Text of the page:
4. Early detection of incipient faults is of vital im- portance to reducing maintenance costs, saving energy, and enhancing occupant comfort in buildings. Popular supervised learning models such as deep neural networks are considered promising due to their ability to directly learn from labeled fault data; however, it is known that the performance of supervised learning approaches highly relies on the availability and quality of labeled training data. In Fault Detection and Diagnosis (FDD) applications, the lack of labeled incipient fault data has posed a major challenge to applying these supervised learning techniques to commercial buildings. To overcome this challenge, this paper proposes using Monte Carlo dropout (MC-dropout) to enhance the supervised learning pipeline, so that the resulting neural network is able to detect and diagnose unseen incipient fault examples. We also examine the proposed MC-dropout method on the RP-1043 dataset to demonstrate its effectiveness in indicating the most likely incipient fault types.
  5. Early detection of incipient faults is of vital im- portance to reducing maintenance costs, saving energy, and enhancing occupant comfort in buildings. Popular supervised learning models such as deep neural networks are considered promising due to their ability to directly learn from labeled fault data; however, it is known that the performance of supervised learning approaches highly relies on the availability and quality of labeled training data. In Fault Detection and Diagnosis (FDD) applications, the lack of labeled incipient fault data has posed a major challenge to applying these supervised learning techniques to commercial buildings. To overcome this challenge, this paper proposes using Monte Carlo dropout (MC-dropout) to enhance the supervised learning pipeline, so that the resulting neural network is able to detect and diagnose unseen incipient fault examples. We also examine the proposed MC-dropout method on the RP-1043 dataset to demonstrate its effectiveness in indicating the most likely incipient fault types.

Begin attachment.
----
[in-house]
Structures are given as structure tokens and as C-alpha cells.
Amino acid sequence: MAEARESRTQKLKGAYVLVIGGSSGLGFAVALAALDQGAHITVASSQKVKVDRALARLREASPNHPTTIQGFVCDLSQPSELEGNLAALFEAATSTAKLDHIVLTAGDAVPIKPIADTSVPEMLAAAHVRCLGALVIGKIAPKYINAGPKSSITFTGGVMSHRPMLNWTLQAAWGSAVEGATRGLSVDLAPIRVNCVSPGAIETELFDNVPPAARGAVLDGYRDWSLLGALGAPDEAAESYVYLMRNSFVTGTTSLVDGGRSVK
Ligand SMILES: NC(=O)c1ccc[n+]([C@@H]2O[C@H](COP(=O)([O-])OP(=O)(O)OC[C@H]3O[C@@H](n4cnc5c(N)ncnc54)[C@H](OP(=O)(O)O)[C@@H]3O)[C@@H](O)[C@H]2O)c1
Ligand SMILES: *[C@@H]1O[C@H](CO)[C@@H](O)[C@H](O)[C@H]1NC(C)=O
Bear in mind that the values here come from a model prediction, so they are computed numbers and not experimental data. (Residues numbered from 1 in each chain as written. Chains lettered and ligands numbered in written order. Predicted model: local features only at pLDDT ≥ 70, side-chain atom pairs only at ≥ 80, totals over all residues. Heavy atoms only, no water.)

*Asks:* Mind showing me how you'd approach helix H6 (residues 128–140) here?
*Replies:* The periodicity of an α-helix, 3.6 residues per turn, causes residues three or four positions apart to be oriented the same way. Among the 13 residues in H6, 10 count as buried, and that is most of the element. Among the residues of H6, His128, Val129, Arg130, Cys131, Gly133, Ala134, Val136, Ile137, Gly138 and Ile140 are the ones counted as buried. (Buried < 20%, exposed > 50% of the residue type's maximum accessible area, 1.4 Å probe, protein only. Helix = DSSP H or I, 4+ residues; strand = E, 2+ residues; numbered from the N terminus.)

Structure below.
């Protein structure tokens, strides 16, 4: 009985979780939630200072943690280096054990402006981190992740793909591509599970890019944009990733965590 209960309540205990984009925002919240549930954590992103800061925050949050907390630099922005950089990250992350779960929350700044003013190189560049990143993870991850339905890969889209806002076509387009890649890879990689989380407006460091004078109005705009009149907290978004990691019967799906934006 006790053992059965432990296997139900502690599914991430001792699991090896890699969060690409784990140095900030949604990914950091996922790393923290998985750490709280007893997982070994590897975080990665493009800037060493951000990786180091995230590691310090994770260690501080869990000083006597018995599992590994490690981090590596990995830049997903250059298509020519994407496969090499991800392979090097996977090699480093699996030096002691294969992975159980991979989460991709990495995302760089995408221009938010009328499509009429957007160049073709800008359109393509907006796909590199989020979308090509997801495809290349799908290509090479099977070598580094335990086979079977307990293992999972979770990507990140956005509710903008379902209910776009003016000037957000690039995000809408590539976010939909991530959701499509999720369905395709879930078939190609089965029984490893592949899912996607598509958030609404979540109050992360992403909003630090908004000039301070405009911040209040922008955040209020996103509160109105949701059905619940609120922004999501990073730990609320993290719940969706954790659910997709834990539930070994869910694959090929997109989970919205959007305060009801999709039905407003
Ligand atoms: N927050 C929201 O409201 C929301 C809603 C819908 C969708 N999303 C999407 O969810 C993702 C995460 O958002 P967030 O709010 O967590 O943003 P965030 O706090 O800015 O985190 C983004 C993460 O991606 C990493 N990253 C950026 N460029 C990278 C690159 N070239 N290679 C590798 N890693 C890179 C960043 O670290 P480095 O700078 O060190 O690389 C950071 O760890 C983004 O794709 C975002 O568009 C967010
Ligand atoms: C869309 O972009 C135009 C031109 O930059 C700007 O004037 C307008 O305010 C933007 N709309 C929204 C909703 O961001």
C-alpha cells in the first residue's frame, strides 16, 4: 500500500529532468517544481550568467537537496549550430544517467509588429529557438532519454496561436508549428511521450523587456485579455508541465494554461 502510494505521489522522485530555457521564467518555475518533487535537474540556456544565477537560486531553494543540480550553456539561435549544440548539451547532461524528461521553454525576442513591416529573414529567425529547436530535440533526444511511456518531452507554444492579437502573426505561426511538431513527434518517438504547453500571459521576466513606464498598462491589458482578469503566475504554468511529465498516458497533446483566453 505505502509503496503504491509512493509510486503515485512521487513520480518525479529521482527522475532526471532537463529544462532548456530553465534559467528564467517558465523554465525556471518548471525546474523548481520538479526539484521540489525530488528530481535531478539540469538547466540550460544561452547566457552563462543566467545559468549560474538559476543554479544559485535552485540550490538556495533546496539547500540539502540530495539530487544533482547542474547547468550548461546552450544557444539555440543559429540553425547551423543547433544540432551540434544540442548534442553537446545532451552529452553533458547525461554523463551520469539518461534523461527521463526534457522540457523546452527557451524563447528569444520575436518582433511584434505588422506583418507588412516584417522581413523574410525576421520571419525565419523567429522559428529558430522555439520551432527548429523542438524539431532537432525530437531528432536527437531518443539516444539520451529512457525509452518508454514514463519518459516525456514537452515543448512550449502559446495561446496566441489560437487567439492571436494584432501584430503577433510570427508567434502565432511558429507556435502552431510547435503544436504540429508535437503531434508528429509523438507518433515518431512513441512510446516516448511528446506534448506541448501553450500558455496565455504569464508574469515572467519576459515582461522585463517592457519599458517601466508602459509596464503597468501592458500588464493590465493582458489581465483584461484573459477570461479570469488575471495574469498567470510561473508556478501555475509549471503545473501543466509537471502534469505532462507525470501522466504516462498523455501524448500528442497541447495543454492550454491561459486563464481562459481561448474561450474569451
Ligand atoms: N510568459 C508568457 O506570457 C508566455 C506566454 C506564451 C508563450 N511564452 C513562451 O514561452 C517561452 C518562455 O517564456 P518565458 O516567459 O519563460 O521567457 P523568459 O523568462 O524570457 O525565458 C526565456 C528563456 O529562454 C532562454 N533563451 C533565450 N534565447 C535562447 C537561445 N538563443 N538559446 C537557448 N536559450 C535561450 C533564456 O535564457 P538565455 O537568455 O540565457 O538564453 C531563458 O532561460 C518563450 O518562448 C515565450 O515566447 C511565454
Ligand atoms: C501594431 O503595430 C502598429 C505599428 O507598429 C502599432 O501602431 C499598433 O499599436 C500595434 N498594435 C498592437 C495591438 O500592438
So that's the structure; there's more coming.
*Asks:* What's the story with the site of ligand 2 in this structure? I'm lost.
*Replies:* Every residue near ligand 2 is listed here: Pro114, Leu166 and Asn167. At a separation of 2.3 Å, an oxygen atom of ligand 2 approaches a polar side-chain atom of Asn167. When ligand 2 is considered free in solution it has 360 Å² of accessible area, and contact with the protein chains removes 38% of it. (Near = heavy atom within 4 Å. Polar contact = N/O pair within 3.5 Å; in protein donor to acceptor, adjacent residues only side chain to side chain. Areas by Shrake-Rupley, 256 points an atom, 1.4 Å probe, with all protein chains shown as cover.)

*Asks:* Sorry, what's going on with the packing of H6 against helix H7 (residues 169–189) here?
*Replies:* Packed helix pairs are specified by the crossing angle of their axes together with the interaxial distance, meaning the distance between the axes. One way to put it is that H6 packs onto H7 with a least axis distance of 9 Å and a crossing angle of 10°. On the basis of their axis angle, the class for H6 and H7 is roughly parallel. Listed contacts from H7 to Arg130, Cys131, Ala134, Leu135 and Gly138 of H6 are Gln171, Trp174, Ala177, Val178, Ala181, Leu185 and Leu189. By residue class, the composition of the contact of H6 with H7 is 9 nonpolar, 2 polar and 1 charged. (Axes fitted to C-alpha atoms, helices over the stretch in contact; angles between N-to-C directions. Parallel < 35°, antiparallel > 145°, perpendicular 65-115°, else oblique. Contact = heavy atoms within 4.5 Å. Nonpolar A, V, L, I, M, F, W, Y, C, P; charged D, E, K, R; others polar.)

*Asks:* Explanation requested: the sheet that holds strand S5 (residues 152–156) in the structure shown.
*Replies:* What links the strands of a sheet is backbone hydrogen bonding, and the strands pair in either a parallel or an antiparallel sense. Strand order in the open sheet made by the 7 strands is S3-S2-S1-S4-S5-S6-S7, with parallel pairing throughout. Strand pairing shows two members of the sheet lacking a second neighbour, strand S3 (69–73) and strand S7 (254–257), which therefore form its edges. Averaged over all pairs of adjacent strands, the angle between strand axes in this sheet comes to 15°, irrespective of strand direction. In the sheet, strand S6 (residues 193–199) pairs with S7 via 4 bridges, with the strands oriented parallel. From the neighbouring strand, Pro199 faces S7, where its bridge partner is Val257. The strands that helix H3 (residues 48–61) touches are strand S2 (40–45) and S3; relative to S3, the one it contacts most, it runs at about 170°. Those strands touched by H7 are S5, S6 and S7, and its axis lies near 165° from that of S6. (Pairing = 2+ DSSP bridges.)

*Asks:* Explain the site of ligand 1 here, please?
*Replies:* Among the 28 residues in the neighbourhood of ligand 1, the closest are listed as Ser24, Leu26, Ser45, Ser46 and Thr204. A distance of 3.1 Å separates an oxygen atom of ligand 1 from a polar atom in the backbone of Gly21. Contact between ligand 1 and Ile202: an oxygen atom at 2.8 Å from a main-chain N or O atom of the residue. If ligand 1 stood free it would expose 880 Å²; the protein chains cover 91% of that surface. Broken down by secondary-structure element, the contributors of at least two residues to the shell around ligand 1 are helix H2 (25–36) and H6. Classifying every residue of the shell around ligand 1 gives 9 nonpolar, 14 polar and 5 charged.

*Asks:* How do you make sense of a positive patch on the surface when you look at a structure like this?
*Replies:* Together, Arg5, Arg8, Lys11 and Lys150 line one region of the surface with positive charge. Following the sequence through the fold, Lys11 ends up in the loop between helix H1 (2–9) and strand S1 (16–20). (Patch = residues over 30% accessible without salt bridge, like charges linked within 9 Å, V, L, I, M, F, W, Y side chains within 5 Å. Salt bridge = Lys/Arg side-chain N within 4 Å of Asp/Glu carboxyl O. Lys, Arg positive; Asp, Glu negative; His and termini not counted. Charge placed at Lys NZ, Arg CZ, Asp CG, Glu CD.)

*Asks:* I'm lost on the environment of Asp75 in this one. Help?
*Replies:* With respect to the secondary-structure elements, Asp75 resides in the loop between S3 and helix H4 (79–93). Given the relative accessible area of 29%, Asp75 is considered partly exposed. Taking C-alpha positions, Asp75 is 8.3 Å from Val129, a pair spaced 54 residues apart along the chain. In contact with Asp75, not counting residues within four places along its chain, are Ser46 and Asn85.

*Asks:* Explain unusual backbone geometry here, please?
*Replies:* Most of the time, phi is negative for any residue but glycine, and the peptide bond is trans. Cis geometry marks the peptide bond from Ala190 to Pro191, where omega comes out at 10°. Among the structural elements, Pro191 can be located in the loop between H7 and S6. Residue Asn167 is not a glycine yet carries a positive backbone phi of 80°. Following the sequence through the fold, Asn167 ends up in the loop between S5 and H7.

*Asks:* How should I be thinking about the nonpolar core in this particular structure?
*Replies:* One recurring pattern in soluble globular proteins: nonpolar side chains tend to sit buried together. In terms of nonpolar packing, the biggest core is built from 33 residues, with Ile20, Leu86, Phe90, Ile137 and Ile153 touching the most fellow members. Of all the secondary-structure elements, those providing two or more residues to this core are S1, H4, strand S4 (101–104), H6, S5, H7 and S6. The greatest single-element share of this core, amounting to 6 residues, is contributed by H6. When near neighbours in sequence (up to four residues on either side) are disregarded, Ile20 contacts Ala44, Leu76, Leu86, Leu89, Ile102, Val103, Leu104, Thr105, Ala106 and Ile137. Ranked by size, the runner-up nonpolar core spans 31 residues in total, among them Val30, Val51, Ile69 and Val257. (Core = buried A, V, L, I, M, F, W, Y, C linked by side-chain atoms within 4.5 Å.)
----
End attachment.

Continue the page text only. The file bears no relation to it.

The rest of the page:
6. We present a novel framework for augmenting data sets for machine learning based on counterexamples. Counterexamples are misclassified examples that have important properties for retraining and improving the model. Key components of our framework include a counterexample generator, which produces data items that are misclassified by the model and error tables, a novel data structure that stores information pertaining to misclassifications. Error tables can be used to explain the model's vulnerabilities and are used to efficiently generate counterexamples for augmentation. We show the efficacy of the proposed framework by comparing it to classical augmentation techniques on a case study of object detection in autonomous driving based on deep neural networks.
  7. 3D LiDAR scanners are playing an increasingly important role in autonomous driving as they can generate depth information of the environment. However, creating large 3D LiDAR point cloud datasets with point-level labels requires a significant amount of manual annotation. This jeopardizes the efficient development of supervised deep learning algorithms which are often data-hungry. We present a framework to rapidly create point clouds with accurate pointlevel labels from a computer game. To our best knowledge, this is the first publication on LiDAR point cloud simulation framework for autonomous driving. The framework supports data collection from both auto-driving scenes and user-configured scenes. Point clouds from auto-driving scenes can be used as training data for deep learning algorithms, while point clouds from user-configured scenes can be used to systematically test the vulnerability of a neural network, and use the falsifying examples to make the neural network more robust through retraining. In addition, the scene images can be captured simultaneously in order for sensor fusion tasks, with a method proposed to do automatic registration between the point clouds and captured scene images. We show a significant improvement in accuracy (+9%) in point cloud segmentation by augmenting the training dataset with the generated synthesized data.more »Our experiments also show by testing and retraining the network using point clouds from user-configured scenes, the weakness/blind spots of the neural network can be fixed.« less